Big tobacco and the abortion industry
By Charles A. Morse
The "Master Settlement Agreement", signed by big tobacco and the States, prohibits cigarette advertising that targets minors. In addition, a $1.45 billion "Public Education Fund" is carrying out a nation-wide advertising and education campaign to help reduce youth smoking. The rational for the lawsuit brought against the tobacco companies by the attorney generals, which led to this unprecedented settlement, was that smoking poses a serious health risk, particularly to minors. No argument there. Implied in the settlement as well, is the importance of protecting the morals of our youth from the seductive advertising associated with promoting the evil weed. For the same legal, public health, and moral reasons, our attorney generals should craft a similar agreement with the abortion industry.
The abortion industry along with allied non-profits, lobbyists, media sycophants, propagandists and camp followers, claim to be pro-choice but, for the most part, they are actually pro-abortion. If particularly women knew the truth about abortion, what it actually is in graphic detail, what it does to a woman physically and emotionally not to mention spiritually, few abortions would be requested or performed. Abortion would be, in President Clinton's words "legal, safe, and rare." The pro-abortion lobby uses its political and financial muscle to suppress negative information about abortion. If they were as pro-choice as they claim to be, they would prove it by supporting public efforts to discourage abortion.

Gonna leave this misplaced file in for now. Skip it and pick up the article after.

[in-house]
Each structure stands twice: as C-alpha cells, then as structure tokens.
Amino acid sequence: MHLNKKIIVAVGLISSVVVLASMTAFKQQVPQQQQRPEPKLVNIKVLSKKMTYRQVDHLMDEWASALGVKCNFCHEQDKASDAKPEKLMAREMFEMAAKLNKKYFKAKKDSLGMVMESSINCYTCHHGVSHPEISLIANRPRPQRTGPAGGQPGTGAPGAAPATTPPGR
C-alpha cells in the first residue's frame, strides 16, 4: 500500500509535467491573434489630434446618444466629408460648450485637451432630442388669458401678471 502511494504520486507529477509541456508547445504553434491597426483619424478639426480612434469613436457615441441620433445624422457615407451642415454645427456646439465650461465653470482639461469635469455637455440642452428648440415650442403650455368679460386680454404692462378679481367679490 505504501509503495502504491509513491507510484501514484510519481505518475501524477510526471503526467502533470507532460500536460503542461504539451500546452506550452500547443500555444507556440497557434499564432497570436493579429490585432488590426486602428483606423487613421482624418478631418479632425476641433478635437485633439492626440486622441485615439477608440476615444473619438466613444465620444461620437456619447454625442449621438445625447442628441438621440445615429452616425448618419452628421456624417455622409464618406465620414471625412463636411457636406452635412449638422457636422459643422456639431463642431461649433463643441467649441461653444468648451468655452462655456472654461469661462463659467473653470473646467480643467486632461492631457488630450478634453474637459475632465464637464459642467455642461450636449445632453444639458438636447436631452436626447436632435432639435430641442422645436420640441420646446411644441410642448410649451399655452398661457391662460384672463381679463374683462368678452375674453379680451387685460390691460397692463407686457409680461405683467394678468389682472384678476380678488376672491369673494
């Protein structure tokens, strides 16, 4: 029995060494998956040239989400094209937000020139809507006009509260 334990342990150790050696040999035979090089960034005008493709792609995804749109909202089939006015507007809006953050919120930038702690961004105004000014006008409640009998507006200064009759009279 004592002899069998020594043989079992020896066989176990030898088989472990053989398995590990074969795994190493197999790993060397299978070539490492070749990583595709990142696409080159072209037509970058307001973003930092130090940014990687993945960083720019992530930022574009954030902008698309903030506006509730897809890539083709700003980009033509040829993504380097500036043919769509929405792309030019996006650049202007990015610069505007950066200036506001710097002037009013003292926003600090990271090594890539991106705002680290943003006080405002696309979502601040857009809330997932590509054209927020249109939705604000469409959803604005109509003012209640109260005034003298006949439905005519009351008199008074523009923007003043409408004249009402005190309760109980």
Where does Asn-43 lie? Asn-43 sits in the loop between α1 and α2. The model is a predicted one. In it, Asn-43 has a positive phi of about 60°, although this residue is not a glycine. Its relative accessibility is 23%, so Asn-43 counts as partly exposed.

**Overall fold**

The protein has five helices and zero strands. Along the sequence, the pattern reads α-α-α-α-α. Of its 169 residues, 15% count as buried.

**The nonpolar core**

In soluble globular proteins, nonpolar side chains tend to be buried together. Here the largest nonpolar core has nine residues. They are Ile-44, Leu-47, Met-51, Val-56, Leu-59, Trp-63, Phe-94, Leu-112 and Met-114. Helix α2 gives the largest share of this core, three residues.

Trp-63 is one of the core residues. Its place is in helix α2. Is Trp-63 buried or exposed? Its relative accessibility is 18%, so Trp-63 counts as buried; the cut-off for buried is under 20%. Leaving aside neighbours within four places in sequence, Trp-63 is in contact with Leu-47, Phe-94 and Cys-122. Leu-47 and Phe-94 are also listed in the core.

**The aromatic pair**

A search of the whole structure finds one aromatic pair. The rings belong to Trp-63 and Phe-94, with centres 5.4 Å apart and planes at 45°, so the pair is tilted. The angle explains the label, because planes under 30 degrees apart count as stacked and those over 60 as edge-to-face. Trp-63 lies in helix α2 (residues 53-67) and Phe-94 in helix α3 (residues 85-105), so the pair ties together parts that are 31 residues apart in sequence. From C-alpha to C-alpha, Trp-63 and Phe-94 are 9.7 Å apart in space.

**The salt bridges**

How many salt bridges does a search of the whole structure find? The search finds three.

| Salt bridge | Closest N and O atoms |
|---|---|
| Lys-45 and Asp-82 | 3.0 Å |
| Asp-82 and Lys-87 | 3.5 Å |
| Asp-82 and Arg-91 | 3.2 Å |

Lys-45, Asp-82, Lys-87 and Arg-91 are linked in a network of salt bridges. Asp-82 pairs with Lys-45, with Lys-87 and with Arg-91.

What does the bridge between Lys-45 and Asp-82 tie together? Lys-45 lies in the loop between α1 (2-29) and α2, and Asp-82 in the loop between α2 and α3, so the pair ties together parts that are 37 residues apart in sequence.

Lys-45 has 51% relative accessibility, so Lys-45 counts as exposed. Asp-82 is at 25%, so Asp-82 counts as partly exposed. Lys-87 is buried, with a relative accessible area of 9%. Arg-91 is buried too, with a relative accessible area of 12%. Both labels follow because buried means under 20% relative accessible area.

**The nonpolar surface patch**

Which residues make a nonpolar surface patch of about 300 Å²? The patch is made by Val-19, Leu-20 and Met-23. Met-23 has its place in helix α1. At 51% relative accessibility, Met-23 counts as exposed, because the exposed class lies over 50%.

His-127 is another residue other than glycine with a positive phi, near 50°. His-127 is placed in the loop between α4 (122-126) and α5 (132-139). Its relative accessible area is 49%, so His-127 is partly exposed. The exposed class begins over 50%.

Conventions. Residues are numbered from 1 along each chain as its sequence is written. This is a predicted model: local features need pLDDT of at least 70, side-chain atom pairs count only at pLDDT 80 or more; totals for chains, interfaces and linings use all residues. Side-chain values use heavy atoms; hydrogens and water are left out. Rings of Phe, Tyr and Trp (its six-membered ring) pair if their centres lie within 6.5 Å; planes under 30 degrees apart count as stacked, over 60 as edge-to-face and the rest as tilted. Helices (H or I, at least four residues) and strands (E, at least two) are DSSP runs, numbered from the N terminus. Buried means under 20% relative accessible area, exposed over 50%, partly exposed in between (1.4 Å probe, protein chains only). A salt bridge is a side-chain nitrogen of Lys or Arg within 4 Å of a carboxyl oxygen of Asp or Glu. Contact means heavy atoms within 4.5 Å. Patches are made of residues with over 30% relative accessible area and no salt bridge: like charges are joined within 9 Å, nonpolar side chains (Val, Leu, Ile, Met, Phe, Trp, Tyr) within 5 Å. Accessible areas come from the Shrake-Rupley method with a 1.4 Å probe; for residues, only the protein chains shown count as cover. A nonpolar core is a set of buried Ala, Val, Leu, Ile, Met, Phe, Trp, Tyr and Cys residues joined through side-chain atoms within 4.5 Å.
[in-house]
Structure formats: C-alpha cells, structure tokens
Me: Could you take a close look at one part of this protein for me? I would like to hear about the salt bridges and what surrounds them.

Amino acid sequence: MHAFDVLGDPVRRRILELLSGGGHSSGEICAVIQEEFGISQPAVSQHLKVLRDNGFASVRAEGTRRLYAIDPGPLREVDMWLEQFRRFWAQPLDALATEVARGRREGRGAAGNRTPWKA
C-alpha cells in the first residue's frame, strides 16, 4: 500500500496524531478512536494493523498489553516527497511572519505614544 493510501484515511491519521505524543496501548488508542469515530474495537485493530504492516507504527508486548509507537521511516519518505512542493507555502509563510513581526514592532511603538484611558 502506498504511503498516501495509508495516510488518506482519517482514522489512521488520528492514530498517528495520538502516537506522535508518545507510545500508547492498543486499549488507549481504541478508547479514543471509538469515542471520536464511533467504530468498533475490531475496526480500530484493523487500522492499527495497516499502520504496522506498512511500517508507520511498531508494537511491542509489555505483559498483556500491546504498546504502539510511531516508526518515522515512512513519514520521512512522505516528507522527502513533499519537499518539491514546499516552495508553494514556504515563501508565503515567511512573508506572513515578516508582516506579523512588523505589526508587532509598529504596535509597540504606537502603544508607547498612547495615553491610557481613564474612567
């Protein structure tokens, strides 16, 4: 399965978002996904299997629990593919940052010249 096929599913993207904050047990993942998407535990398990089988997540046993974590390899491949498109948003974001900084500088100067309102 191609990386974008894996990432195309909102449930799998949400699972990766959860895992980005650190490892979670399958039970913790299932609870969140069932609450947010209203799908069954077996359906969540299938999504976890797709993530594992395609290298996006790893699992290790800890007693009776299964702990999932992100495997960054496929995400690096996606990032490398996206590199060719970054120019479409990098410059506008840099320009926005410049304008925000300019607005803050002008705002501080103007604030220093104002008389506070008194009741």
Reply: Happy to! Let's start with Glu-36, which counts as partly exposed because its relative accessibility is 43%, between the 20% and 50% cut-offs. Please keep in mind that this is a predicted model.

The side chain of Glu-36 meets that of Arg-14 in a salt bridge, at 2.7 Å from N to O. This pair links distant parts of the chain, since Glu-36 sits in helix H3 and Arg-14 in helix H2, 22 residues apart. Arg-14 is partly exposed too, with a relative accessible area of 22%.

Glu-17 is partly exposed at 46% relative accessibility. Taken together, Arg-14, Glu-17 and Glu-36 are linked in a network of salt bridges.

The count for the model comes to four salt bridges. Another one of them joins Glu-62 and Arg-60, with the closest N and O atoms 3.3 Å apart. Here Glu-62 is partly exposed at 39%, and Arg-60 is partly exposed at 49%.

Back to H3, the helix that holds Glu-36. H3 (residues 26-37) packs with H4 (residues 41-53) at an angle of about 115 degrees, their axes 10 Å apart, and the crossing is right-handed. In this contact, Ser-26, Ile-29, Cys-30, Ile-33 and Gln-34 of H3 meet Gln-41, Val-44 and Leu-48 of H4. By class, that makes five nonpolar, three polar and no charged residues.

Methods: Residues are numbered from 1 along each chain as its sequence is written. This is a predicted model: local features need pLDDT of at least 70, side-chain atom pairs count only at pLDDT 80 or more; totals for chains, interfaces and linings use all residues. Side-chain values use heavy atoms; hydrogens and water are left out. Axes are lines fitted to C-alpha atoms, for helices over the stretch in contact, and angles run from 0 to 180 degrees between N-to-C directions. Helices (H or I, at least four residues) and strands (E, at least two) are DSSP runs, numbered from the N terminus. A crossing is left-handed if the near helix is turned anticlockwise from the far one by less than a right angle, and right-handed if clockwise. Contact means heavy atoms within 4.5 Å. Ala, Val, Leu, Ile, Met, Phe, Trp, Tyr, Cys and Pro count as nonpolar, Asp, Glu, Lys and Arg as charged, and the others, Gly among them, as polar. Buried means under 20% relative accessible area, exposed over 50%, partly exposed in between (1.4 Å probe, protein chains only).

The history of abortion, while publicly marketed as a woman's rights issue, was and is a eugenic, population control program tracing back to English scientist Sir Francis Galton. Susan B. Anthony devoted her life to fighting abortion. Margaret Sanger, founder of Planned Parenthood, the largest and most influential abortion provider, spoke of "the extermination of human weeds the cessation of charity the segregation of morons, misfits, and the maladjusted, and the sterilization of genetically inferior races." Sanger publicly championed Hitler's white supremacist ideas and commissioned Ernst Rudin, the Nazi director of the German Medical Experimental Program to serve as a consultant to Planned Parenthood.
George Grant, in "Killer Angel", a well documented biography of Sanger, states that Sanger wanted to target the "unfit" to fulfill her goal of "saving the planet." In this regard, Sanger targeted African-American neighborhoods with her birth control clinics. In 1939, Sanger organized her "Negro Project" designed to eliminate an "inferior race." Her associates in Germany were designing analogous programs, at the same time, targeting Jews.
Sanger wrote of the need to target "Fundamentalists and Catholics" in addition to "Blacks, Hispanics (and) American Indians" for birth control classifying these groups as "dysgenic races." Sanger stated that:
"Birth control appeals to the advanced radical because it is calculated to undermine the authority of the Christian churches. I look forward to seeing humanity free someday of the tyranny of Christianity no less than Capitalism."